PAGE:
By pasting sketches of women, adorned with phrases like "My outfit is not an invitation," and "Women are not outside for your entertainment," on the streets of cities like New York and Philadelphia, Fazlalizadeh gave a voice to victims of gender-based street harassment. Now, after taking her "STWTS" project to Mexico earlier this year, the artist is finally realizing the global power of her street art series to affect the way we think about catcalling. So, she's hosting an international wheat pasting night this month to encourage people around the world to join her #stoptellingwomentosmile movement.
"The idea behind the wheat pasting night is to create a night of solidarity," she stated in a press release. "People from all all over can participate in a night of action, knowing that hundreds of people in different parts of the world are doing the same thing."
Fazlalizadeh outlines the particulars of the event on her website, part of International Anti-Street Harassment Week. She asks that interested individuals gather groups of at least three people and plan to paste posters on the night of April 17. Those picking up her mantel can log their plans -- where they intend to paste posters, and in what language -- on the "Stop Telling Women to Smile" website. In return, participants will receive a PDF with images for download.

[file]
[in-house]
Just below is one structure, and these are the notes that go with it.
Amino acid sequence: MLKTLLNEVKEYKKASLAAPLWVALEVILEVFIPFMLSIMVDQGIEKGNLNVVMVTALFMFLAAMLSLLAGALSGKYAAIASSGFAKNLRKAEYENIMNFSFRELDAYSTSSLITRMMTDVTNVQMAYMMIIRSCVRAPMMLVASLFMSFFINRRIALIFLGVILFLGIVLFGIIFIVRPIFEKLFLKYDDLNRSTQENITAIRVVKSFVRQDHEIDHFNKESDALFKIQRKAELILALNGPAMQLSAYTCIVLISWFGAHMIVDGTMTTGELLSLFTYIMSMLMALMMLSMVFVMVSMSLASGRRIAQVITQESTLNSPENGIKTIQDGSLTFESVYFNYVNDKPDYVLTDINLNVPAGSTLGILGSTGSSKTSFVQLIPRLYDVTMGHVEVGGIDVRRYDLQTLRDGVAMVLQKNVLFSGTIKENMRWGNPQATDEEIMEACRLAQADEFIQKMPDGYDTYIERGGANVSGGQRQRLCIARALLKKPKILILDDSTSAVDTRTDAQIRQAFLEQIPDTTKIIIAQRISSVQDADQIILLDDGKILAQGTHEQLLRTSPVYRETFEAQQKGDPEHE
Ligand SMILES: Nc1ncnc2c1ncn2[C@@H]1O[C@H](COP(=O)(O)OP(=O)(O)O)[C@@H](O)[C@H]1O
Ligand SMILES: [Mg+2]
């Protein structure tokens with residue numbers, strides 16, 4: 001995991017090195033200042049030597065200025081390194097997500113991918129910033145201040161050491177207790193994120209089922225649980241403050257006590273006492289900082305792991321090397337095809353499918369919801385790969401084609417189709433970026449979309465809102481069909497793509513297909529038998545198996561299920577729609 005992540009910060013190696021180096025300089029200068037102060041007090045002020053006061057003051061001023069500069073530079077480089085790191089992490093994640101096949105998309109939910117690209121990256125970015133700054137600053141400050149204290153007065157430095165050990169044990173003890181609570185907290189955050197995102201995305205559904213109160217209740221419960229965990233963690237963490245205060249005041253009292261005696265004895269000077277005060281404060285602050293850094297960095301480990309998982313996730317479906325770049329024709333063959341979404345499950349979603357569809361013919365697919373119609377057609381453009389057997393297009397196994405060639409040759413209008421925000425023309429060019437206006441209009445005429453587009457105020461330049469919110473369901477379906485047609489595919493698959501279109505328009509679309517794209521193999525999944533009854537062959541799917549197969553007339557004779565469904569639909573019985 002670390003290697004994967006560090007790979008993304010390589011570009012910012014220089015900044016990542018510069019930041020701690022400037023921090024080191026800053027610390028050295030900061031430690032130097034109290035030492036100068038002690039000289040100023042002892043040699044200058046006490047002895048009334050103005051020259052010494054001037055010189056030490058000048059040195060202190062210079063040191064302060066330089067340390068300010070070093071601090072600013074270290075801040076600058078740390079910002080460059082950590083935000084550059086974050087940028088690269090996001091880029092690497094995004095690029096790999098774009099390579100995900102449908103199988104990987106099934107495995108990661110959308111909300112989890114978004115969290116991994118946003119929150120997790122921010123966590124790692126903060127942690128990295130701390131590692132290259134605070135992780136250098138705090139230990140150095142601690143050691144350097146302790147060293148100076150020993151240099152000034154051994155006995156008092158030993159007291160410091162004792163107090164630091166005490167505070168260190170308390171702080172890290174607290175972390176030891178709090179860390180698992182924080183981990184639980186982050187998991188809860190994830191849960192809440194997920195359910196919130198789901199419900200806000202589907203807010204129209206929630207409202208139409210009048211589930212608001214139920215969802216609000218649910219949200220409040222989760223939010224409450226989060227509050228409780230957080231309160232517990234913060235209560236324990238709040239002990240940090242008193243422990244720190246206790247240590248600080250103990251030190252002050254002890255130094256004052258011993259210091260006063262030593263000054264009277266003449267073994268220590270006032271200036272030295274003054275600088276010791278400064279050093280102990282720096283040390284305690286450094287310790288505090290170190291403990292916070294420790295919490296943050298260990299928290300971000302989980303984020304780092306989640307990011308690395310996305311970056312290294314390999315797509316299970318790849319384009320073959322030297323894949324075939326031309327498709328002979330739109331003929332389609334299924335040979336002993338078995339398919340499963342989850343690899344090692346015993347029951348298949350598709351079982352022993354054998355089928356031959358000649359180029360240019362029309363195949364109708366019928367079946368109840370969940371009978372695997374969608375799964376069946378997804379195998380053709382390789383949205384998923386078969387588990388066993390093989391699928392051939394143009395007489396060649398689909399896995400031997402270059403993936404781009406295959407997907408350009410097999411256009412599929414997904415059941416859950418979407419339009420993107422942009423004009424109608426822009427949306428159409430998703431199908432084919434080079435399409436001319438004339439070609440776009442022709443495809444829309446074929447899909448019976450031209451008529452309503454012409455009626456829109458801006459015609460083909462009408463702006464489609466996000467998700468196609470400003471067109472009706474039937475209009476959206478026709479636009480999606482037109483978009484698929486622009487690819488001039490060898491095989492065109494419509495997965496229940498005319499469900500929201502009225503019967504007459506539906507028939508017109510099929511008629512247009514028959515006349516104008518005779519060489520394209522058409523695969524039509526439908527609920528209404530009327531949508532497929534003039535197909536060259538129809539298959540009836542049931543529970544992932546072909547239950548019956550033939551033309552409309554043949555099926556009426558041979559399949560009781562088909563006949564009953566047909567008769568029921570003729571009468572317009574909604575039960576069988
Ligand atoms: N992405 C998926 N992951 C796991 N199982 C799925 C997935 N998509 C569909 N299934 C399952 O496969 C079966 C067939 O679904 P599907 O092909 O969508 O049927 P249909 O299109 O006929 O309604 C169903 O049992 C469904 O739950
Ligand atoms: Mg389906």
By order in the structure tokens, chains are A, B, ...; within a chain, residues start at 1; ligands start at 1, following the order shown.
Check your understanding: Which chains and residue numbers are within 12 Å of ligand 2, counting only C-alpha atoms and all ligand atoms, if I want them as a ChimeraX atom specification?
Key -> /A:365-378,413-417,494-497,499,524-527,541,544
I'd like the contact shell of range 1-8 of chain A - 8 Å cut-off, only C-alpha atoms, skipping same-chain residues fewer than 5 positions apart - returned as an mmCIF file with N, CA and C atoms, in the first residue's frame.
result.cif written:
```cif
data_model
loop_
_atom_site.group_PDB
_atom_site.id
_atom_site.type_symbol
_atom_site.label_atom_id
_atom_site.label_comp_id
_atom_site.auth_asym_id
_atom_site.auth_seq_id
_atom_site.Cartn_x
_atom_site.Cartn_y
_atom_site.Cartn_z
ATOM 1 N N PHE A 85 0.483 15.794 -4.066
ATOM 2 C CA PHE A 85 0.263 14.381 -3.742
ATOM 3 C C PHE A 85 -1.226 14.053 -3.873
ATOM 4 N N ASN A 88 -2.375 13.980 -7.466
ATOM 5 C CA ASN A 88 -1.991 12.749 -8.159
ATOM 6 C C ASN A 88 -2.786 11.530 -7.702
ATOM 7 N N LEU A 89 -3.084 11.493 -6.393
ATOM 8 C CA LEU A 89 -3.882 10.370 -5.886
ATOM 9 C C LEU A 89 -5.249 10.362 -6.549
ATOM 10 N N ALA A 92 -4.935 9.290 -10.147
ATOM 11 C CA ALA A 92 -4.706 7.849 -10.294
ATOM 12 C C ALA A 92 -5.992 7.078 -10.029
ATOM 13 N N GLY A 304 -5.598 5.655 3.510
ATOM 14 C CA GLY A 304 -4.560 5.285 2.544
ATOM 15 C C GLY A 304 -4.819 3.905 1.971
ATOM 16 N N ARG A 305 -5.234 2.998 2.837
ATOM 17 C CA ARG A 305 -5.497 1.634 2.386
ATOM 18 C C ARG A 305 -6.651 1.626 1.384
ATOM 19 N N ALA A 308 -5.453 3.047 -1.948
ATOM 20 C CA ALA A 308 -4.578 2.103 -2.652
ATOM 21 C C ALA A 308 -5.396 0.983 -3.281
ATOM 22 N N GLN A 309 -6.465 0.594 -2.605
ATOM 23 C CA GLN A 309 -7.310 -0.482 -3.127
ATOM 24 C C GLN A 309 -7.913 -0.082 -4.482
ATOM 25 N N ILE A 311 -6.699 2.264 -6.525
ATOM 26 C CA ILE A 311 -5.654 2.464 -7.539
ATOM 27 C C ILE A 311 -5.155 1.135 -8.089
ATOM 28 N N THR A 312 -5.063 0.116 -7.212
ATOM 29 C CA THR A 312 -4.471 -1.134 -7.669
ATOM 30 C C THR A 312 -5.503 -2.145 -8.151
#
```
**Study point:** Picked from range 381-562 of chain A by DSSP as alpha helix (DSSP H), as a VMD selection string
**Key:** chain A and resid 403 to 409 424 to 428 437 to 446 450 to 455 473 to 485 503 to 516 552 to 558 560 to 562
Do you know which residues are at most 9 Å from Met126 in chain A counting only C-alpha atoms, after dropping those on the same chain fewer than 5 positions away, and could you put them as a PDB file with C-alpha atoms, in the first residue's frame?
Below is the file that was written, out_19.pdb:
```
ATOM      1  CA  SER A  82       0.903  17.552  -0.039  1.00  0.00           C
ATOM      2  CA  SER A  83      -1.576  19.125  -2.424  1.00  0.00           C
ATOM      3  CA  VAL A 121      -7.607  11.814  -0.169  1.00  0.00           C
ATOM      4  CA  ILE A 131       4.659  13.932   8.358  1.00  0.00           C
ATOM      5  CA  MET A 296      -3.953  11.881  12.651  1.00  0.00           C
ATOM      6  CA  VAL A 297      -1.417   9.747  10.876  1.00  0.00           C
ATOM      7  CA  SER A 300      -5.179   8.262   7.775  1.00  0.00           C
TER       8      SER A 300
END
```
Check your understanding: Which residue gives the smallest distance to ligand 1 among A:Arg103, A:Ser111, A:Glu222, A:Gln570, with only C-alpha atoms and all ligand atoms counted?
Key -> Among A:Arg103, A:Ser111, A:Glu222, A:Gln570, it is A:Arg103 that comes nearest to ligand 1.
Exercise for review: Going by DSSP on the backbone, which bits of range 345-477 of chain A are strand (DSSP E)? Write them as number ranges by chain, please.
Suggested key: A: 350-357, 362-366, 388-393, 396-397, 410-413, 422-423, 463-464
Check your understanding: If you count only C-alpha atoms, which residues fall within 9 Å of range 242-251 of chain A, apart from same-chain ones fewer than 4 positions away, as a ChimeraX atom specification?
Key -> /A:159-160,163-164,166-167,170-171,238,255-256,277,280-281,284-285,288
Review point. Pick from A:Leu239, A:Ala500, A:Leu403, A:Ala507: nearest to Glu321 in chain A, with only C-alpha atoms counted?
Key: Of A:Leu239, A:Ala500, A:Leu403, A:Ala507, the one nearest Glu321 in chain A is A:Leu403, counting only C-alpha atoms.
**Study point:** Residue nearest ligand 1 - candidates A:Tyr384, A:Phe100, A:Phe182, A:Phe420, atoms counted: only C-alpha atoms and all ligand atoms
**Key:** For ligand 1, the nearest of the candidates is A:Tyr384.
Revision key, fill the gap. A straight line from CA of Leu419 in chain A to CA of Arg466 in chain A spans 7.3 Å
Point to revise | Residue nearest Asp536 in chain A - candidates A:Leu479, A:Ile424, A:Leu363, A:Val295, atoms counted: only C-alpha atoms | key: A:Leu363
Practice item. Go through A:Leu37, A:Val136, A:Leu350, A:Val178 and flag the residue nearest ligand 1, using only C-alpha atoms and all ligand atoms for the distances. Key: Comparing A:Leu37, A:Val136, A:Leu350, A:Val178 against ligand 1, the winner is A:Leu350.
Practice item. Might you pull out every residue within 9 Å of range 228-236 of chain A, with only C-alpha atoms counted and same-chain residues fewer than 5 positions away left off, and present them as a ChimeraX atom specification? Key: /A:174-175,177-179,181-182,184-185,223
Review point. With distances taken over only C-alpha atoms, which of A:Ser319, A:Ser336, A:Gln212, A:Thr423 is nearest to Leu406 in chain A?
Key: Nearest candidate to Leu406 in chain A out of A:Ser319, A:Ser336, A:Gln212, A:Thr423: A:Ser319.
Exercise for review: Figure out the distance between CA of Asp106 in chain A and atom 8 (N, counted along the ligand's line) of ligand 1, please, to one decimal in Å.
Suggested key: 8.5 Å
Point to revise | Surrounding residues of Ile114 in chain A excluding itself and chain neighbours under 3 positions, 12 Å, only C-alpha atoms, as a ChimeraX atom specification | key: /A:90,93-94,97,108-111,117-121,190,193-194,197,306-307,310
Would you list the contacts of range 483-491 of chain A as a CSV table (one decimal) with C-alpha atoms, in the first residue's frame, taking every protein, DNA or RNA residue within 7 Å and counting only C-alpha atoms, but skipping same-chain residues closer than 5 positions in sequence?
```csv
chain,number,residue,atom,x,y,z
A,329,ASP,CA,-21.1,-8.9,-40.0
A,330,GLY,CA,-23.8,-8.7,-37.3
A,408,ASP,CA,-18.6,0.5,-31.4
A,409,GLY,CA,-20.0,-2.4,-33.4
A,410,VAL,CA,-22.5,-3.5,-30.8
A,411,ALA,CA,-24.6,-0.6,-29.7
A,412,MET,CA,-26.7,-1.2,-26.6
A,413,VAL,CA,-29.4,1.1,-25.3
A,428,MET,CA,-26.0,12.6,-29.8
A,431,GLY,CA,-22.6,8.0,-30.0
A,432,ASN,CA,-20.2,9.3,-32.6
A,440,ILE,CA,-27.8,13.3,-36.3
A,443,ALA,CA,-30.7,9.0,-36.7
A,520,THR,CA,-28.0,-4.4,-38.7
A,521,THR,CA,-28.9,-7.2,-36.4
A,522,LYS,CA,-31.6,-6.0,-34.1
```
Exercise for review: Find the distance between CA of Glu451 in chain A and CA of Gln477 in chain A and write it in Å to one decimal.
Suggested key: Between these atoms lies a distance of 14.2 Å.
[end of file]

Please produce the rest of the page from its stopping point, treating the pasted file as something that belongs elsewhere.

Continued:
"On April 18, walls across the world will bear the faces and words from women protesting street harassment," she proclaims.
Fazlalizadeh has long been asking fans to get involved with "STWTS", calling for artists, volunteers, building owners, photographers, art centers, and activist organizations to help "amplify" her work. But this is the first organized, Internet-based attempt to bring the project to a greater audience.
According to a 2014 study commissioned by the nonprofit organization Stop Street Harassment (SSH), 65 percent of women surveyed experienced street harassment in their lives. Furthermore, 57 percent experienced verbal harassment, 41 percent experienced physical aggression, 23 percent had been sexually touched in public and 20 percent had been followed. "In many ways, persons of color, lower-income people, and persons who identify as lesbian, gay, bisexual, or transgender were disproportionately affected by street harassment overall," the study concluded.
Fazlalizadeh's efforts are just one example of the recent push to define and combat street harassment today. "There are always those who want to tell women that their experiences are not valid or not important whenever they speak up," she explained in a previous interview with The Huffington Post. "Wanting the basic right of feeling comfortable and safe and not sexualized as I walk out of my house is very much worth prioritizing."